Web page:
There was a dispute over a will.
probate court decree had refused to approve a will.
The persons who were the beneficiaries of that will had the
judgment set aside and a new hearing was granted, at which the
will was approved.
There was a Connecticut law that allowed the probate court to be
Wording from the case itself
The Legislature of Connecticut, on the 2d Thursday of May 1795,
passed a resolution or law, which, for the reasons assigned, set
aside a decree of the court of Probate for Harford, on the 21st
of March 1793, which decreed disapproved of the will of Normand
Morrison (the grandson) made the 21st of August 1779, and
refused to record the said will; and granted a new hearing by
the said Court of Probate, with liberty of appeal therefrom, in
When Morrison died, his will stated that Mr. and Mrs. Bull were
to be the beneficiaries.
Due to some problems with the will, the Bulls were denied an
inheritance by a Connecticut Probate Court.
Instead, the Court gave the money to a guy named Calder.
The Bulls attempted to appeal the decision more than a year and
a half later, but they found that under State law, the
Statute of Limitations for filing an
appeal was 18 months, so they lost their chance to
The Bulls persuaded the Connecticut
legislature to change the law, which enabled them to
successfully appeal the case.
On appeal, the Court reversed and
gave the inheritance to the Bulls.
Calder argued that the Connecticut legislation a violation of
Article 1, Section 10 of the
Constitution, which prohibits ex post facto laws.
Ex post facto
means that the act took place before the law changed, and so the
act can't be judged by the new law.
In this case, Calder argued that the principle of ex post facto
meant that even if Connecticut changed the Statute of
Limitations, the courts couldn't retroactively apply it to the
The US Supreme Court found for the Bulls.
US Supreme Court found that the Connecticut legislation was not
an ex post facto law.
The Court distinguished criminal rights from private rights,
arguing that restrictions against ex post facto laws were not
designed to protect citizens' contract rights.
The Court found that while all ex post facto laws are
retrospective, all retrospective laws are not necessarily ex
post facto. Even "vested" property rights are subject to
Topics of the Case
Both Justices agreed that the legislatures action was not an ex
post facto law.
But they disagreed over the appropriate role of natural law in
Justice Chase unlimited power is not was the People agreed to
cannot subscribe to the omnipotence
[unlimited power] of a State Legislature, or that it
is absolute and without control;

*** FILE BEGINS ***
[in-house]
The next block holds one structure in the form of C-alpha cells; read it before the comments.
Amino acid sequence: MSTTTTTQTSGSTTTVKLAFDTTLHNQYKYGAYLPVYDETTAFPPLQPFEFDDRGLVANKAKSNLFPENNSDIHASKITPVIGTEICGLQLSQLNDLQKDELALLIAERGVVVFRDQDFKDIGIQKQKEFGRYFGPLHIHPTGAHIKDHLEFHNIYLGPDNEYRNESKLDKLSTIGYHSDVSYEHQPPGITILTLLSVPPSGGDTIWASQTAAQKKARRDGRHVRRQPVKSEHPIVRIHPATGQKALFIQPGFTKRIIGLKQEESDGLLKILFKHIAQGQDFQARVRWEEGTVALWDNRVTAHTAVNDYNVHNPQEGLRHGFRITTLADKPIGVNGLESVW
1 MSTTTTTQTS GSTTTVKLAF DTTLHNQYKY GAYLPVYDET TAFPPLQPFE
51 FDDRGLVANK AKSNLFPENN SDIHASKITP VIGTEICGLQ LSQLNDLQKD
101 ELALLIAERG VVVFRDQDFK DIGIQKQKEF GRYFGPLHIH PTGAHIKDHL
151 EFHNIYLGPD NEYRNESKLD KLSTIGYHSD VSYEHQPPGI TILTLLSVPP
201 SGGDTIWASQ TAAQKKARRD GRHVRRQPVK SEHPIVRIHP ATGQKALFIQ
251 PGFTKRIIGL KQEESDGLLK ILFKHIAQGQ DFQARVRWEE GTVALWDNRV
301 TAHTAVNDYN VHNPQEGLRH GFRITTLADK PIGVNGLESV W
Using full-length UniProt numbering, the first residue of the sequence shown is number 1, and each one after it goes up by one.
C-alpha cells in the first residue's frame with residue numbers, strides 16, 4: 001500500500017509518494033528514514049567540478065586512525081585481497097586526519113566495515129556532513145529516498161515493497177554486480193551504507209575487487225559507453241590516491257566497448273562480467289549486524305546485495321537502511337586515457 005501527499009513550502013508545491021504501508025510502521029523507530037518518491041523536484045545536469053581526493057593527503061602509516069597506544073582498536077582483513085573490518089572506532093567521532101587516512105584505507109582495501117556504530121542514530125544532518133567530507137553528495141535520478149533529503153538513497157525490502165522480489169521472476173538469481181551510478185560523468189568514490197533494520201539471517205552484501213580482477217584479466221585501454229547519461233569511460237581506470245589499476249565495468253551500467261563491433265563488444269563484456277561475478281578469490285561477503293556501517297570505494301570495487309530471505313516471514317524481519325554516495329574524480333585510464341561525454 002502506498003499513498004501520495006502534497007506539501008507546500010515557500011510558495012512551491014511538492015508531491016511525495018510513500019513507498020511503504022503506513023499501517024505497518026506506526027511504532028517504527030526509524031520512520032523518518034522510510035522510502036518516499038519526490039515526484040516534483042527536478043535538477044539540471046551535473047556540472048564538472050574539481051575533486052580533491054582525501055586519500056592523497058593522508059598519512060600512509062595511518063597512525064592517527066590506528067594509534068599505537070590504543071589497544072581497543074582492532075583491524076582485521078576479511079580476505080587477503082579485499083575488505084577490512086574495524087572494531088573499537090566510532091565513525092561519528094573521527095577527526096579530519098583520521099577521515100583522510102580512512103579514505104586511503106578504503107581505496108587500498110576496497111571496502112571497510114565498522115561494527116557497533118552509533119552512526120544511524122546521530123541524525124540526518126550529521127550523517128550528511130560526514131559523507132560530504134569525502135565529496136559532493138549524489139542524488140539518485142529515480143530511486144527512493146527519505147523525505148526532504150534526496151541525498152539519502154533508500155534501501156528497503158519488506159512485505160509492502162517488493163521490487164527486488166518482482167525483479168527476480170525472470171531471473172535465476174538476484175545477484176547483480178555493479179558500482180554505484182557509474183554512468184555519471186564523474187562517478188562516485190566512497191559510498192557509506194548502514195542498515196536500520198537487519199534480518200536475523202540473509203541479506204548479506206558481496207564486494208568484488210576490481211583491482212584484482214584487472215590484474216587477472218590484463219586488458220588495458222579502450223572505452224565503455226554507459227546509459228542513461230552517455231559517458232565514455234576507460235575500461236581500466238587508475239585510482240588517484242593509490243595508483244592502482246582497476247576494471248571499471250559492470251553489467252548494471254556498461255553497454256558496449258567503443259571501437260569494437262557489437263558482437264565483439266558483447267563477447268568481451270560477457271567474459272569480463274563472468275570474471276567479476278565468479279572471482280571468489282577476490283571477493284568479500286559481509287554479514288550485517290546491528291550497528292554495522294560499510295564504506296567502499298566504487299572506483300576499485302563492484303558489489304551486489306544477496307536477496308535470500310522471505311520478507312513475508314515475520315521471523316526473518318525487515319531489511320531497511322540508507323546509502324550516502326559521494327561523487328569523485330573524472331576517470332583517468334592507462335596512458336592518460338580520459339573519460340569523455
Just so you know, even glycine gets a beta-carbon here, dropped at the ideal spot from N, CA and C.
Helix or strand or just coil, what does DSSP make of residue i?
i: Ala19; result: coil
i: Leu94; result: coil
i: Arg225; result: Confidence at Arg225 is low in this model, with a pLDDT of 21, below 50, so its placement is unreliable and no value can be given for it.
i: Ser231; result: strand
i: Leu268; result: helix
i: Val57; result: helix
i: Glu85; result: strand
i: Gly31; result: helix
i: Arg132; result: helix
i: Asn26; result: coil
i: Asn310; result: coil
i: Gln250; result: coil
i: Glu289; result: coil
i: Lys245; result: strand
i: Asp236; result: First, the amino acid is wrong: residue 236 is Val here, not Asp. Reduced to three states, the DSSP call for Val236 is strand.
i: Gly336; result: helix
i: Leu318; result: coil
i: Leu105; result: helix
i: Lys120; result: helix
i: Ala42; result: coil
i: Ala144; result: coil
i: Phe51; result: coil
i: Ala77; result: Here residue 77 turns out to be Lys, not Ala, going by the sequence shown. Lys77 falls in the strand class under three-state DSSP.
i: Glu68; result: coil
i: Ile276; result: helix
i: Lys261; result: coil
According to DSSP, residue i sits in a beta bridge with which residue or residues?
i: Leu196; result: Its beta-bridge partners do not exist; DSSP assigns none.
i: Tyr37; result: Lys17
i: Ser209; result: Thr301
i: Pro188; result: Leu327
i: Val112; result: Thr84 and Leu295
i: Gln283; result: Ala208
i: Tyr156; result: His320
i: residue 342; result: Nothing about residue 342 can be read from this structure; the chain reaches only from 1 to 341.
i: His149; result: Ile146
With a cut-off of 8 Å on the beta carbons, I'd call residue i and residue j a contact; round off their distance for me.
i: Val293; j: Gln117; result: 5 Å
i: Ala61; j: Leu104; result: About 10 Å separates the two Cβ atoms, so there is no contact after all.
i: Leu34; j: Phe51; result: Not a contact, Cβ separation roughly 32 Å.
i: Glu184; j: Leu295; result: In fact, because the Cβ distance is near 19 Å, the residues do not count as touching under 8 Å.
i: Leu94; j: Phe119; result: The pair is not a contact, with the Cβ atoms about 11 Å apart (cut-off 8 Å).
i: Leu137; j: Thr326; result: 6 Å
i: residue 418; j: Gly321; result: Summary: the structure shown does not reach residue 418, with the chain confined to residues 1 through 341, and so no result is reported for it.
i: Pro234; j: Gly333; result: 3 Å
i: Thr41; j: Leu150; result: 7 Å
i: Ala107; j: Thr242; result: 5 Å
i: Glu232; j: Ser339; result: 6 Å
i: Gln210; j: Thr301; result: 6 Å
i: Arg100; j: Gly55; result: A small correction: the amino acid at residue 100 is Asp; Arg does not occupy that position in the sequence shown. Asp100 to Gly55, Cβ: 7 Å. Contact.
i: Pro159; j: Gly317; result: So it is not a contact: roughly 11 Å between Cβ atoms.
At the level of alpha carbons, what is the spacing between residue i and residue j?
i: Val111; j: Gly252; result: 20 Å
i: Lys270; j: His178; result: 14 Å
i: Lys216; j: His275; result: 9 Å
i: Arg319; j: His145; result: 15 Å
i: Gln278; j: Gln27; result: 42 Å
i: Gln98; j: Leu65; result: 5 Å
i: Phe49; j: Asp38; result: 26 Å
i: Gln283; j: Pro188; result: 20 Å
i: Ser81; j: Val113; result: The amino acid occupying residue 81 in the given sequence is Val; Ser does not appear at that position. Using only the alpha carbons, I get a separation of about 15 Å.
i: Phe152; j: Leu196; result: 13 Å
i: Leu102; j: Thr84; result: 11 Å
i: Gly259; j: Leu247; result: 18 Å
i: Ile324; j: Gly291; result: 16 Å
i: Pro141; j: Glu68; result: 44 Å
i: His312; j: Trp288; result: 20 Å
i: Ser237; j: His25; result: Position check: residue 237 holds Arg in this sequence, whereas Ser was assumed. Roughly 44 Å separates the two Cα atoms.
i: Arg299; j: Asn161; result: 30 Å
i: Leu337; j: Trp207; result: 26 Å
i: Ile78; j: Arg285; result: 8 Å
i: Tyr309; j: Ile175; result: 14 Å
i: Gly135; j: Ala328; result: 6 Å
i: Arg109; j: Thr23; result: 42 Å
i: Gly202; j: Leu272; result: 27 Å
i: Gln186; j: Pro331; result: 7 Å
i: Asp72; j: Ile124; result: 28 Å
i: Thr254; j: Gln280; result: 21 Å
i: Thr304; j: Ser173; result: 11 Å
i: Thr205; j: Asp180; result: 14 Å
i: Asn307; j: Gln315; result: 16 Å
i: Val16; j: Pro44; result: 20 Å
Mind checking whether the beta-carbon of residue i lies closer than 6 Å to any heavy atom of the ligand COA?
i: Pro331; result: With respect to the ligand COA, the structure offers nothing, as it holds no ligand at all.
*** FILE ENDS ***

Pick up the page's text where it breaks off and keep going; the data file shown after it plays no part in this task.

although its authority should not be expressly restrained by the
Constitution, or fundamental law, of the State.
People erected the Constitution
The people of the United States erected their Constitutions, or
forms of government, to establish justice, to promote the
general welfare, to secure the blessings of liberty; and to
protect their persons and property from violence.
An ACT of the Legislature contrary
to the great first principles of the
cannot be considered a
rightful exercise of legislative authority.
The obligation of a law in governments established on express
compact, and on republican principles, must be determined by the
nature of the power, on which it is founded.
law punishes an innocent action
law that punished a citizen for an innocent action, or, in other
words, for an act, which, when done, was in violation of no
existing law; a law that destroys, or impairs, the lawful
private contracts of citizens; a law that makes a man a Judge in
his own cause; or a law that takes property from A. and gives it
to B: It is against all
reason and justice, for a people to entrust a Legislature with
SUCH powers; and, therefore, it cannot be presumed
that they have done it.
Chase upheld the legislatures action, however, on the ground
that it impaired no vested right.
Justice Iredell [Dissent]
Does not believe that any court of justice would possess a power
to declare a legislature act against natural justice be void.
It has been the policy of all American states, and of the people
of the US, to define the objects of the legislative power and to
restrain its exercise.
If violates Constitution, then unquestionably void
If any act of Congress, or of the Legislature of a state,
violates those constitutional provisions, it is unquestionably
If Law is within States Constitution, Then not void
If, on the other hand, the Legislature of the Union, or the
Legislature of any member of the Union, shall pass a law, within
the general scope of their constitutional power, the Court
cannot pronounce it to be void, merely because it is, in their
judgment, contrary to the principles of natural justice
If the legislature pursue the authority delegated to them, their
acts are valid.
In such circumstances, they exercise the discretion vested in
them by the people.
There is an unwritten Constitution, consisting of principles
of natural law, which is enforceable as against the states even
though it cannot be found in the Constitution.
The written Constitution is authority against the position that
courts may call on principles of natural justice.